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Introduction to Membrane Channels and Pumps. Ach receptor channel Patch-clamp techniques Ligand-gated and voltage gated channels Action potentials Neurotoxins Molecular structure of sodium channel Gap junctions Common features of membrane channels Active transport
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Introduction to Membrane Channels and Pumps • Ach receptor channel • Patch-clamp techniques • Ligand-gated and voltage gated channels • Action potentials • Neurotoxins • Molecular structure of sodium channel • Gap junctions • Common features of membrane channels • Active transport • Digitalis inhibition of Na-K pump • Ca-ATPase
Membrane Channels and Pumps • Channels: enable ions to flow downhill through membranes • Pumps: use energy (ATP or light) to drive uphill transport. • Ach receptor: nerve cells communicate with other cells by neurotransmitters. • Each vesicle has 104 Ach mols. • After nerve impulse [Ach] increases. • Binding of two Ach mols transiently opens a cation-selective pore. Two mols of Ach should bind to Ach receptor to open channel. Channel opens quickly when Ach increases in synaptic cleft. Stays open one msec. Ach hydrolized quickly.
More About Ach Receptor • Ach binds to postsynaptic membrane, changes its ionic permeabilities, resulting in Na influx and K efflux. • Action potential • Ach receptor channel best understood ligand-gated channel. A ligand –gated channel because can open with a ligand. • Ach receptor 268 kd, 4 kinds of subunits. 2 each has one binding site for Ach. • Monocovalent or divalent cations, not anions, readily pass through Ach channel. • What makes the channel cation-selective?
Patch-clamp Technique • Patch-clamp conductance measurements reveal activities of single channels. • Ion channels best studied by patch-clamp technique (Neher and Sakmann in 1976). • Monitor flow of ions through channels by this technique. • Xenopus oocytes express microinjected mRNAs encoding subunits of Ach receptor.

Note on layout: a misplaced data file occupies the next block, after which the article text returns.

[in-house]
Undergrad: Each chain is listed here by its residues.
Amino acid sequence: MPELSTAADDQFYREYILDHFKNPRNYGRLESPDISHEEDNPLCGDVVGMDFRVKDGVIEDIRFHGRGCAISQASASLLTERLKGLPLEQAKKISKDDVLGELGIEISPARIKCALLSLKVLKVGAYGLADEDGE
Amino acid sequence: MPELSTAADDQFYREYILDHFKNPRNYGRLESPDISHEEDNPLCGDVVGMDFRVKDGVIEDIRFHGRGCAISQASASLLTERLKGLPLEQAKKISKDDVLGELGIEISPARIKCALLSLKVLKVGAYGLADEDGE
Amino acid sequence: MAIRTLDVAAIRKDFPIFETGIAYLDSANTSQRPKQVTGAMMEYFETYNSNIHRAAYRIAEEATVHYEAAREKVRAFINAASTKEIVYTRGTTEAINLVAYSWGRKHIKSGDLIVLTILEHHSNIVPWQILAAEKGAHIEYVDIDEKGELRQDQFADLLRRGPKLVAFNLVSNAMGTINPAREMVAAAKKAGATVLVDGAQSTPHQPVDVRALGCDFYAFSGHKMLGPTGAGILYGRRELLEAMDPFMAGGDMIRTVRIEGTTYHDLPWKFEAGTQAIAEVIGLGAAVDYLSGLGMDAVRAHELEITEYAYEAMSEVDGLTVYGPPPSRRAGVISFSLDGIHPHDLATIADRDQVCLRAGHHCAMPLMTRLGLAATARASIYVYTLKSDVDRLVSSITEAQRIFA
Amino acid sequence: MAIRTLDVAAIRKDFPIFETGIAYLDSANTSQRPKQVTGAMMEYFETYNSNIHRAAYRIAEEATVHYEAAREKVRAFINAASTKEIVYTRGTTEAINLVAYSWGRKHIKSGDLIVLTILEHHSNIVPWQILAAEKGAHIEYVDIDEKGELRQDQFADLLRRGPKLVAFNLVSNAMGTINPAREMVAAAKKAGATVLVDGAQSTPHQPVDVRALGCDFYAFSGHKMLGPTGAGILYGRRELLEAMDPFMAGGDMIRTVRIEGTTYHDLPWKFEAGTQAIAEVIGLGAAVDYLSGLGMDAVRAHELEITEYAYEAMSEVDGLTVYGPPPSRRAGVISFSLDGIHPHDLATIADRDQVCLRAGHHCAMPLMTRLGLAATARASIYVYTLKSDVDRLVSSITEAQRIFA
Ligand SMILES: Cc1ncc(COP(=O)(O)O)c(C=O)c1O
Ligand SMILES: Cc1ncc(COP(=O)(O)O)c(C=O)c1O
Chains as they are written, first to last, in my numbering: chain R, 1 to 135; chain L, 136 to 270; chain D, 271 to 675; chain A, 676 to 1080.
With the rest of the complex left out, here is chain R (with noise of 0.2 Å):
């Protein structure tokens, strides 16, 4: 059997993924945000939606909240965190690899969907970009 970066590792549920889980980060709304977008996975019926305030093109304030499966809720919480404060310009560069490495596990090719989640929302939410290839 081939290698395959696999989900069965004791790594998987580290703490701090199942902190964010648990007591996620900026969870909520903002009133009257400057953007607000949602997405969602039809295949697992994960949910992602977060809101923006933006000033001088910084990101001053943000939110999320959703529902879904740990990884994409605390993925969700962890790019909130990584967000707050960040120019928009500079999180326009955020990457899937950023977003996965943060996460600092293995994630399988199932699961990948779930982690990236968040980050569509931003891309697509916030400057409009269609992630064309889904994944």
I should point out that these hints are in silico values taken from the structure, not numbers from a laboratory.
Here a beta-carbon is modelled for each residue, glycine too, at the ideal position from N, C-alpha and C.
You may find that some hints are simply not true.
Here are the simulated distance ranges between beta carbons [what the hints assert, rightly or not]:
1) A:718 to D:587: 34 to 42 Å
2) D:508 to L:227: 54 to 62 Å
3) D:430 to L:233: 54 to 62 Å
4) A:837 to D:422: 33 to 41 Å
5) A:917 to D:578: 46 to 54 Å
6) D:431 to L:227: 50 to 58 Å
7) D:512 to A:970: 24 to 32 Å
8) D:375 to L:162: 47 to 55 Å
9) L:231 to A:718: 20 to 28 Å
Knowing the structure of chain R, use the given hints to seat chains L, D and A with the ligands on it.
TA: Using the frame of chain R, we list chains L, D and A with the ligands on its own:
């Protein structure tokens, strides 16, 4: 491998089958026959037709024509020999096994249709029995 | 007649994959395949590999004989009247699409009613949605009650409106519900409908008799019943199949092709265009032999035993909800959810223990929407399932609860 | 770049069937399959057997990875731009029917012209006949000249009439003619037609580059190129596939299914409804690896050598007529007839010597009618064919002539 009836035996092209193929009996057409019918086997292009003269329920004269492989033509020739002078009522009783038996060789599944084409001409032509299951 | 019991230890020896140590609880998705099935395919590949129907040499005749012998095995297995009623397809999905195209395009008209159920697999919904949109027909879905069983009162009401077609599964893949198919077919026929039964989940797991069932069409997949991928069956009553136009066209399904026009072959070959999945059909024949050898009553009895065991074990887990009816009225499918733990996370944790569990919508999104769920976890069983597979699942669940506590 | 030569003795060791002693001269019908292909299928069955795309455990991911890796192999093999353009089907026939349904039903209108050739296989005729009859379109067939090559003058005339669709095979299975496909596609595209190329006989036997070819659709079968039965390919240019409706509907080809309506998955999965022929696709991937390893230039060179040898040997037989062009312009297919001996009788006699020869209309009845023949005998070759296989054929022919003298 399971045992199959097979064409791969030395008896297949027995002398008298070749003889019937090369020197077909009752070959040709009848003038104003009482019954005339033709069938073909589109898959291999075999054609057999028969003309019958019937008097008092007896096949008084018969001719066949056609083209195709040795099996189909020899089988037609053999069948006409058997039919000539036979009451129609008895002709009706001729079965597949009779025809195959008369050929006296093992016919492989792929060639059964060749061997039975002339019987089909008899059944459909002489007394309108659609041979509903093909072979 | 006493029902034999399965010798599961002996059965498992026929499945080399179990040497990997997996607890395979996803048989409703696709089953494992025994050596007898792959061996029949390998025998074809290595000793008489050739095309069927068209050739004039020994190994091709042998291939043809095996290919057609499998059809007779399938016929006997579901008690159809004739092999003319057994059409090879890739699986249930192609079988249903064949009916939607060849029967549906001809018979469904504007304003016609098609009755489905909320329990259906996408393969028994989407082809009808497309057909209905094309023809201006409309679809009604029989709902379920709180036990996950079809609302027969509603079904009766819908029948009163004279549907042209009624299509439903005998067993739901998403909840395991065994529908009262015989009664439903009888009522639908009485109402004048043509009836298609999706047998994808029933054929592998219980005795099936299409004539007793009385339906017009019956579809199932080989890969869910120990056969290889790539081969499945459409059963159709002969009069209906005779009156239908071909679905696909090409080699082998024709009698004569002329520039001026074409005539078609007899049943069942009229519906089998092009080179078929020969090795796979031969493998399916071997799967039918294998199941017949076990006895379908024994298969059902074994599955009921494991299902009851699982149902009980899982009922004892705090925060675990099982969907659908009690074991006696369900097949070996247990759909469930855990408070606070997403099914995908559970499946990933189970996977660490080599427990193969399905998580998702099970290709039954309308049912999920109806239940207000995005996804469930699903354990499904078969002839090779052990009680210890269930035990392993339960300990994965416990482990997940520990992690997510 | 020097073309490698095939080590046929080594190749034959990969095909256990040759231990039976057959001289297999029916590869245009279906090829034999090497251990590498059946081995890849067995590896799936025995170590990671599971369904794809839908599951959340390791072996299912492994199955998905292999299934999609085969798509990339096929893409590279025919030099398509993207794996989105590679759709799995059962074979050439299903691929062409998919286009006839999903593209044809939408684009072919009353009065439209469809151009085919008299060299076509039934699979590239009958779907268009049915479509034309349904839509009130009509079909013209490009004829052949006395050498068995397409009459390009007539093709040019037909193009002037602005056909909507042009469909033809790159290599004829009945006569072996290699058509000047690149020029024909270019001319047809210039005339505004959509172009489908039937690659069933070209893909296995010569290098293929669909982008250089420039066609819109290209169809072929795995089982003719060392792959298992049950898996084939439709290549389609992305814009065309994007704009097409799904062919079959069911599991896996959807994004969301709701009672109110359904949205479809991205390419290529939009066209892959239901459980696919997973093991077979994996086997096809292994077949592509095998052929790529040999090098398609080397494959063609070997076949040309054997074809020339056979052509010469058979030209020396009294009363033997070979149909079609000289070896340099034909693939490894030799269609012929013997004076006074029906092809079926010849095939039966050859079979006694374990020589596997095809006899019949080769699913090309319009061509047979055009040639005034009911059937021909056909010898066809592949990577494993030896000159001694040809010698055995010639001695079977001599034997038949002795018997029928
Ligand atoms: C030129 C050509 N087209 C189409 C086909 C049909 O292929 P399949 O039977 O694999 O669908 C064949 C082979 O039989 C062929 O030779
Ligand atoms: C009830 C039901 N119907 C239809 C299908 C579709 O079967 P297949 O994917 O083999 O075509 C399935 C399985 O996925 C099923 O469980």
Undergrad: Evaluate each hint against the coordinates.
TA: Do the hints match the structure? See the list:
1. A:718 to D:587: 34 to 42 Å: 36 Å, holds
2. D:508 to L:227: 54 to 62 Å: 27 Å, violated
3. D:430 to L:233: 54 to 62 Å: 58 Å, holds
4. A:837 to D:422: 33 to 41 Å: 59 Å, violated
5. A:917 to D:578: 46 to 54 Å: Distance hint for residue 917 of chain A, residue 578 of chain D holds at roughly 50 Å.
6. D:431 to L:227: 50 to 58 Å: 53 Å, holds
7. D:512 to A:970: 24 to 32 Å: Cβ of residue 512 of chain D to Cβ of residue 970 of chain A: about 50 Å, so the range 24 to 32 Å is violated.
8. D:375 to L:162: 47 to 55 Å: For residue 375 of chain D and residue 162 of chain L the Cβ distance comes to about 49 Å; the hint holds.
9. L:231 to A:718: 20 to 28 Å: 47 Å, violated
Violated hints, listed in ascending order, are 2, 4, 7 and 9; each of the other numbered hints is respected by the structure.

Action Potentials • Nerve impulse an electric signal produced by flow of ions across plasma membrane of a neuron. • Action potential generated when membrane potential depolarized beyond critical threshold value. • Giant axons of squid used. • Hodgkin and Huxley: “action potentials come from large transient changes in permeability of axon membrane to Na and K’. • Two voltage-gated channels: • Na selective • K selective
Action Potentials Continued • Depolarization of membrane beyond threshold level opens Na channels. • Na’s electrical gradient is high! • Entry of Na depolarizes membrane, more gates open. • + feedback • Action potential very efficient means of signaling over long distances. • Important questions: • How do channels discriminate ions? • Mechanism of voltage-gating? • Mechanism of inactivation? • How do we answer them? By isolating and purifying channels first!
Na Channel • 260 kd • 1 pp chain • 4 repeating units, each has 5 hydrophobic segments, S1, S2, S3, S5, and S6 • Each has one highly +ly charged S4 (Arg and Lys) • S4 is voltage sensor of channel… • Na channel lets Na pass 11X more than K. Why? • How is selectivity achieved? • K channels highly selective also. Why?
Gap Junctions • Gap junctions important intercellular communications. • Sugars, amino acids, nucleotides flow through gap junctions but proteins, polysaccharides, nucleic acids too large. • Gap junctions: • Heart • Bone • Lens • Structure of gap junctions: • Connexin (32 kd transmembrane protein) • 6 of them form connexon • 2 connexon connexin (channel) • Gap junctions differ from other channels: • Traverse two membranes, connect cytosol to cytosol, synthesized by different cells. • Open: seconds to minutes; Close: Ca2+ or H+ increase.
Membrane Channels Have Common Features • Formed by 4-6 identical units • Pore lies along symmetry axis of channel • Side chains inside channel make them selective • Diameter of narrowest part of pore helps selectivity • Channels are allosteric proteins controlled by membrane potential, modulators, or covalent modifications
Active Transport • Two general transport systems • Passive • Active
Na+-K+ Pump • Three Na and two K transported per ATP hydrolysis (in 10 ms). • Important feature of pump is that ATP not hydrolyzed unless Na and K transported. • How do phosphorylation and dephosphorylation of ATPase lead to transport of Na and K across membrane? • 3D structure of pump not known in detail. • Proposed model by Oleg Jardetzky: • Must contain large cavity to hold small molecule. • Must have at least two conformations. • Must have different affinities.
Na+-K+ Pump Continued • ATP hydrolysis drives pumping of Na and K ions across plasma membrane. • Four important facts about pump… • Structure of pump… • How does ATP drive active transport of Na and K?
Digitalis • Digitalis inhibits Na-K pump by blocking dephosphorylation. • Digitalis, steriod derived from plants. • Ouabain is one used to treat heart failure. • Inhibit dephosphorylation of E2-P when applied on extracellular face of membrane. • Na gradient decreases Ca2+ increases in cell • Na-Ca exchanger in plasma membrane uses electrochemical gradient of Na to pump Ca out of cell. • 3 Na enter for each Ca that exits. • Cost of transport by exchanger paid by Na-K pump.